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Alliance for Aviation Across America Denounces Latest Airline Tax Cut Scheme
February 15, 2009
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    Press Release

    Alliance for Aviation Across America Denounces Latest Airline Tax Cut Scheme

    Airlines’ Plan Would Cut Taxes on Their Most Lucrative Routes For Immediate Release
    Tuesday, July 24, 2007

    Washington, DC – The Alliance for Aviation Across America today denounced the latest commercial airline tax cut scheme, introduced last week in the Senate Finance Committee’s Subcommittee on Energy, Natural Resources and Infrastructure hearing by a representative of one of the major commercial airlines. The proposal, which was presented on behalf of the Air Transport Association, would radically overhaul the current funding structure in favor of a new ticket tax formula that would provide a huge tax break for the airlines. Significantly, there is an exception built into the proposal for flights of less than 250 miles, which appears to include some of their most profitable and congested routes. The airlines introduced their proposal as Congress is considering reauthorization of the Federal Aviation Administration.

    “The airlines have waited until Congress has fewer than 30 legislative days remaining before FAA reauthorization expires to offer their proposal, and it turns out their plan is just one more thinly veiled attempt to get a huge tax break at the expense of small businesses and communities,” stated Selena Shilad, Executive Director of the Alliance for Aviation Across America.

    The industry-authored legislation would give the airlines a tax break on their most lucrative routes by exempting the first 250 miles of any flight from certain taxes, including flights between Washington, DC and New York City or Philadelphia; New York City and Boston; Dallas and Houston; and other highly traveled routes. In fact, 25% of the top 12 busiest routes in the country would be tax exempt under the airlines’ proposal, creating a significant loss of revenue for air traffic modernization. For example, on flights between New York, NY and Boston, MA, airlines could avoid paying as much as $10.5 million in taxes per year on this route alone.

    To make matters worse, the Chief Operating Officer of Delta Airlines, who presented this plan on behalf of ATA, attempted to justify this exemption by saying it would help and small communities. He specifically stated that this “adjustment exempts the first 250 miles of any flight, which lessens the overall cost burden that passengers from small communities would have to bear.” Not only is it clear that no one but the airlines would benefit from this exemption, but as the Government Accountability Office (GAO) has testified to Congress, when the airlines receive a tax break, savings are never passed onto airline customers. In fact, as the last two GAO studies have concluded, when the commercial airlines have received tax breaks in the past, the airlines have kept their fares the same or raised them.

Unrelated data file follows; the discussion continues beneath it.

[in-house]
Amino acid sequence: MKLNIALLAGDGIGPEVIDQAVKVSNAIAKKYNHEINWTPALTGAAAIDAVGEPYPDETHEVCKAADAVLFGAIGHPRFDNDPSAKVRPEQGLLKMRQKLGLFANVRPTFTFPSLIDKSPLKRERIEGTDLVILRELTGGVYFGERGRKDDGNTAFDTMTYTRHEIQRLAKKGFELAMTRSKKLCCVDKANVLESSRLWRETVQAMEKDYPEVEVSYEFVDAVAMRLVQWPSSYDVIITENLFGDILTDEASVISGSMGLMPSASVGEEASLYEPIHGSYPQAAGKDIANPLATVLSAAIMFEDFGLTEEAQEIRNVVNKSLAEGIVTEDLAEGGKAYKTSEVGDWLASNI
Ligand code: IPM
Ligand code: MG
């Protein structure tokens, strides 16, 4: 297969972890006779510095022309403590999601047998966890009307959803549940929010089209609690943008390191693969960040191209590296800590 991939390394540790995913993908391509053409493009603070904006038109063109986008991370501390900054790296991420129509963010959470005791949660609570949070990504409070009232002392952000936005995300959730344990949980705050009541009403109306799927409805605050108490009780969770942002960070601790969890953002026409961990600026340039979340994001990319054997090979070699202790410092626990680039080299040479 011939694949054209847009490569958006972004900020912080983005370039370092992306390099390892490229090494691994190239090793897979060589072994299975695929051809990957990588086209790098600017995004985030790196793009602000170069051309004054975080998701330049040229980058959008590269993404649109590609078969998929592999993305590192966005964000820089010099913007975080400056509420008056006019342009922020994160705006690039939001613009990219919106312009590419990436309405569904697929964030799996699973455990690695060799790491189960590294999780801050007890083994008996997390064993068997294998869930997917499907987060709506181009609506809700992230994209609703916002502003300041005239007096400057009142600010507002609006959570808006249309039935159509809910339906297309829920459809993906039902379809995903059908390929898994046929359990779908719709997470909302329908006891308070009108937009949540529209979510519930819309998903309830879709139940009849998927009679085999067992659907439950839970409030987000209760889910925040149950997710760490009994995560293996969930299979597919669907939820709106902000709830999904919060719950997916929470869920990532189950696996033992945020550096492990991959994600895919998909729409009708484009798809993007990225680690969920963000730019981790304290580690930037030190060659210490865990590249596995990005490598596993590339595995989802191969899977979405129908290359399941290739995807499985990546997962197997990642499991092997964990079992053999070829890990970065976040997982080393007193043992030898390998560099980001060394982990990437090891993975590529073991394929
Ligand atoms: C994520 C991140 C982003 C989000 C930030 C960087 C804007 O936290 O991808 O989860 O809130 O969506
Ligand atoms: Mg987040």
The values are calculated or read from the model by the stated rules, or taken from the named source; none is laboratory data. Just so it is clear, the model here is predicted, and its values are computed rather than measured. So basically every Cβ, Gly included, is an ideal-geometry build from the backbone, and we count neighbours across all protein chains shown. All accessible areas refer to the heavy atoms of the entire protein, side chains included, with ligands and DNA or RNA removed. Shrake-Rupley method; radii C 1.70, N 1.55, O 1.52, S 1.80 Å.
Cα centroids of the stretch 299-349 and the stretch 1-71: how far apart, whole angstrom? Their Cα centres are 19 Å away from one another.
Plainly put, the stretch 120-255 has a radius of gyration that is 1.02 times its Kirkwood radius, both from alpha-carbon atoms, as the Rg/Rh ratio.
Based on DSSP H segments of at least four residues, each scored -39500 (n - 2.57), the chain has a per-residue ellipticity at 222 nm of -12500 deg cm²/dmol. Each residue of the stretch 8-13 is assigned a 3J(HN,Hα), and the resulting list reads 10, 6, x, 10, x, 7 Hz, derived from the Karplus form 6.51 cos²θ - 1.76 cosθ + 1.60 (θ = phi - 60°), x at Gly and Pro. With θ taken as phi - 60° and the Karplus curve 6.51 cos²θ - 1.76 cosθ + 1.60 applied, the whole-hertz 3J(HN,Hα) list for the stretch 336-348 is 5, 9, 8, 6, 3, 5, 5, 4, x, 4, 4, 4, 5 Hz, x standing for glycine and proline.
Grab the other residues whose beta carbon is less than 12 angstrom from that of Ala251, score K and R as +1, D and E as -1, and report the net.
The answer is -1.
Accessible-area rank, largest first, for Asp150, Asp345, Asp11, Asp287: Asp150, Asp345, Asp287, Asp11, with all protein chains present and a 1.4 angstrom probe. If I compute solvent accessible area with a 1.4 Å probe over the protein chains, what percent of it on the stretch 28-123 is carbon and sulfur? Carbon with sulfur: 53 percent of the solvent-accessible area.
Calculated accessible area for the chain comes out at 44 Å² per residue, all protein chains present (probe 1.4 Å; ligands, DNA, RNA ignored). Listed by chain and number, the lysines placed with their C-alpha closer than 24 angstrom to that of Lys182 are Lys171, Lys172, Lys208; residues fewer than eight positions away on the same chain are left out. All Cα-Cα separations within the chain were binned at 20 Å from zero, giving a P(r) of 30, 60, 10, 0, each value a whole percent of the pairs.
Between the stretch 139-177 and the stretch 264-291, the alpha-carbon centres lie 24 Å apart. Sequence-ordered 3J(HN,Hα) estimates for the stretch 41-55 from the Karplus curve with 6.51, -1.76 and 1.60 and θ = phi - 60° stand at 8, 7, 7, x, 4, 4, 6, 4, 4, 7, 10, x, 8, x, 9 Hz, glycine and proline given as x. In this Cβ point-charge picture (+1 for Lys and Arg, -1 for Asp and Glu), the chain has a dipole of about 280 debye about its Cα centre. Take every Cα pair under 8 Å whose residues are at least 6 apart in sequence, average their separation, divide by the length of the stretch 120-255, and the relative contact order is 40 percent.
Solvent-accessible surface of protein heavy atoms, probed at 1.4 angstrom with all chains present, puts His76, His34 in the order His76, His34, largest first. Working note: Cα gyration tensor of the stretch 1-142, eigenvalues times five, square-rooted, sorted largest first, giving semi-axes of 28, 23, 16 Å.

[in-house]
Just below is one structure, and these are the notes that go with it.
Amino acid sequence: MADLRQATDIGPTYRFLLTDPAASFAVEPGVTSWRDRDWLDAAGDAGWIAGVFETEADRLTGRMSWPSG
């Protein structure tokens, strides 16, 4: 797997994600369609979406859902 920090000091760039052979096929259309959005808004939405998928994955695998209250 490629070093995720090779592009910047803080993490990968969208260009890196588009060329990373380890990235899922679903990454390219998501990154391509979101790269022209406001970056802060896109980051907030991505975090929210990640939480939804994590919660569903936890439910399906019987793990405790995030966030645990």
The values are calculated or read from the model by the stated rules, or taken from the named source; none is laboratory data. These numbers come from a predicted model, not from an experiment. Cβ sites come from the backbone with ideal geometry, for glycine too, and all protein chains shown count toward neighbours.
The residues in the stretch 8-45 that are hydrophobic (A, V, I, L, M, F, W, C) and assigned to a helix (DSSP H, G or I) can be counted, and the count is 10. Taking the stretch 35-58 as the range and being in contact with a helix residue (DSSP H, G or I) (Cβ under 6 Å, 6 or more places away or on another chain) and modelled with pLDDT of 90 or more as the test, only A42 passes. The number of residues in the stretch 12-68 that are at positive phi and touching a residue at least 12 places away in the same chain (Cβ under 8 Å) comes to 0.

“The notion that this proposal is intended to help small or rural communities is, at best, laughable,” continued Shilad, “The airlines’ proposal for a 250 mile tax exempt zone has nothing to do with Helena, Montana or Sioux City, Iowa, and everything to do with cashing in even more on their most lucrative routes.”

    The Senate Finance Committee is expected to introduce its own proposal for FAA reauthorization in the coming months. The Alliance and leading general aviation groups have supported HR 2881, which was recently passed out of the House Transportation and Infrastructure Committee, and represents a common sense approach to FAA reauthorization that would dramatically increase modernization funding, while retaining the current, simple, easy to use excise tax system. By contrast, S.1300, which was recently introduced in the Senate, would overhaul the current funding system for FAA in favor of a new “user fee” tax on small businesses and towns across the country that rely on small planes. In addition, the Senate Commerce Committee recommended elimination of the $.043 per gallon fuel tax the big airlines currently pay, while general aviation would be faced with a more than doubling of the fuel tax – meaning that the commercial airlines would net out with a huge tax giveaway that is directly shouldered by general aviation.

    The Alliance for Aviation Across America (AAAA) recently reached over 3,300 members, including aviation professionals, local airports, rural and agriculture groups, city, county and state officials, and small and mid-size businesses dedicated to protecting small and rural communities by fighting against any overhaul of the current, fuel tax system in favor of new taxes and fees. Members of the Alliance for Aviation Across America include: the Aircraft Owners and Pilots Association, whose membership is comprised of 412,000 members nationwide, the National Business Aviation Association, whose membership includes 8,000 members, the National Farmers Union, the League of Rural Voters, the National Association of State Aviation Officials, the National Grange, the Small Business and Entrepreneurship Council, the American Corn Growers Association, the Independent Cattlemen of Texas, the Texas Farm Bureau, Air Care Alliance, the National Agricultural Aviation Association, Helicopter Association International, and over 1,200 small and medium-size businesses, charitable organizations, and groups and associations from across the nation.

    # # # Alliance for Aviation Across America 2007-07-24